I prefer to drink ALL my whiskey's in a brandy snifter. I don't warm the snifter, I don't add water, ice, or anything. What's your preference?

Who Loves the GAT?

(This was originally posted 2008.01.23)

I've been playing around with the GAT, and the various subsequent GAT packages for a while now. I have to say, it's definitely one of those love/hate relationships. I really like what it does in terms of generating code. And fairly good code.


Some of it is overly complex and generates poorly organized files. For instance, I tried the "Data Repository" factory. It's a very good ORM generator, with lots of features in terms of managing states of objects, generating CRUD stored procedures, etc. But the number of files generated is ENORMOUS. My test database had about 6 tables. 3 of the tables were "linked" in a chain, parent -> child1 -> child2. Each CRUD stored procedure wrapper was, as I recall, a separate file, each with a factory class in another file. And the generated file names didn't start with the table name. So all of the files generated for one table were scattered all over the place with other files for other tables in between. It was a nightmare. I could have dealt with the badly generated file names if all the files for a table were organized into a folder with the table name. But that, sadly was not the case. I think for my 6 tables, something like 100 files were generated -- all in the same folder. Imagine if I had a "real" database with something like 100 tables ....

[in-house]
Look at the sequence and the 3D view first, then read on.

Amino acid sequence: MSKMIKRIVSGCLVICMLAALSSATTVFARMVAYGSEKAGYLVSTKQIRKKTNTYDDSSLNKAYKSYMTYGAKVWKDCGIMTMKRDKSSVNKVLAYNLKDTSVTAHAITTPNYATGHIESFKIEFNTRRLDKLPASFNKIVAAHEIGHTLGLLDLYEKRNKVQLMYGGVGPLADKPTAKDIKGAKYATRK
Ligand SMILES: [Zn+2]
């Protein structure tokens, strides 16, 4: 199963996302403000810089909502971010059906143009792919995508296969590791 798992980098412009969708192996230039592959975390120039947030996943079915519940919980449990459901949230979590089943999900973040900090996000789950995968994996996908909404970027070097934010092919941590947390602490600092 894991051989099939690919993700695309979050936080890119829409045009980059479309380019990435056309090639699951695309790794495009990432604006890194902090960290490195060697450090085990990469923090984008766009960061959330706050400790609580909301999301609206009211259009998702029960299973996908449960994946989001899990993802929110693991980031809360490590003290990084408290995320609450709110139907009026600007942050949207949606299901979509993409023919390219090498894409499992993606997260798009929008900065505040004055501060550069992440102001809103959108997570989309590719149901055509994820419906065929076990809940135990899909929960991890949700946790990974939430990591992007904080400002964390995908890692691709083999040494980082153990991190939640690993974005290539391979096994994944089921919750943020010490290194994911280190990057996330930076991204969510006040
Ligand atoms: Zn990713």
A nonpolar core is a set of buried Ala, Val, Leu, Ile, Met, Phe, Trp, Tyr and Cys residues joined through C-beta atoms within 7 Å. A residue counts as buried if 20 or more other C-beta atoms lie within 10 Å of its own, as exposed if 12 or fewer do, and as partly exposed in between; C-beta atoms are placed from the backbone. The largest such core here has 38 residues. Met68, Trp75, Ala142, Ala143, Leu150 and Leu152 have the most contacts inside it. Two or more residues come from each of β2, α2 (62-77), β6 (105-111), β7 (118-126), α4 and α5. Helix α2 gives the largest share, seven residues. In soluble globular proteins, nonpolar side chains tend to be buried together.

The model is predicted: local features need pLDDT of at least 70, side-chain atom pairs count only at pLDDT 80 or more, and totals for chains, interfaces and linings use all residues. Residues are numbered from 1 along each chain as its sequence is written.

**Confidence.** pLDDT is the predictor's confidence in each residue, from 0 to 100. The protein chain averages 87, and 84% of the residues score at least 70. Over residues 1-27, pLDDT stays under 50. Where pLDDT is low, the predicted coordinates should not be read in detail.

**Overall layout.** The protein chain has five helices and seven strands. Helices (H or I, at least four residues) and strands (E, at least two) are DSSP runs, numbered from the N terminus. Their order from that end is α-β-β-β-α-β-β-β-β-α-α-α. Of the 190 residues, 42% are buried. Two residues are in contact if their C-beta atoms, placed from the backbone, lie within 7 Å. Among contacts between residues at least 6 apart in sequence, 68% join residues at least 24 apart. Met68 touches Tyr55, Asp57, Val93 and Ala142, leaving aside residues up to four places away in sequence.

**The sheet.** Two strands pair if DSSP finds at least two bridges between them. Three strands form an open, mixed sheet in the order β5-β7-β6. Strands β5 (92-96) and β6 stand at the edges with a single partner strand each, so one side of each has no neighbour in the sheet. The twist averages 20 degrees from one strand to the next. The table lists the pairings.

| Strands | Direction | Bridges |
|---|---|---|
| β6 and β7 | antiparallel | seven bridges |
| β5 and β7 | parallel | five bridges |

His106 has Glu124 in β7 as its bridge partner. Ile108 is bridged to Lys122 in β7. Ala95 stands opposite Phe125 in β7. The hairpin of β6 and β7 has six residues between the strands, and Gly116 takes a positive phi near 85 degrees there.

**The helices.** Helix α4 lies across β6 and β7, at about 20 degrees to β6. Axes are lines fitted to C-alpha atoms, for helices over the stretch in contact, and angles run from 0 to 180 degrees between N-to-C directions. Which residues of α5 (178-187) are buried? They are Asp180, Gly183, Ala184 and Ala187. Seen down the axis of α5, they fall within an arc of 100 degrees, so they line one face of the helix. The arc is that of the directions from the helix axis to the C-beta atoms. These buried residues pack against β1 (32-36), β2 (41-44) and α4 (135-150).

I then uninstalled the Data Repository -- and am in an install "Catch-22". I couldn't uninstall anything else. Something about the uninstall of the Data Repository removed something necessary for OTHER GAT package uninstalls to work. Finally after a lot of desultory searching on the Internet, I was able to manually remove everything related to the GAT and GAT packages. I know, because when I try to re-install the GAT, it doesn't give me an error stating that it's already installed. Instead, it fails telling me there is a component missing. Less than desultory searching leads me nowhere. The missing component cannot apparently be downloaded by itself.

This is actually the REAL problem with the GAT and the GAT packages. It's too much like working with UNIX packages. They are all like someone's school project. I have spent more time trying to manage the GAT packages than they could possibly have saved me in my coding efforts. If Microsoft is serious about getting people to invest the time in trying to get folks to really trying these out, they have to provide better quality in the management side of these packages.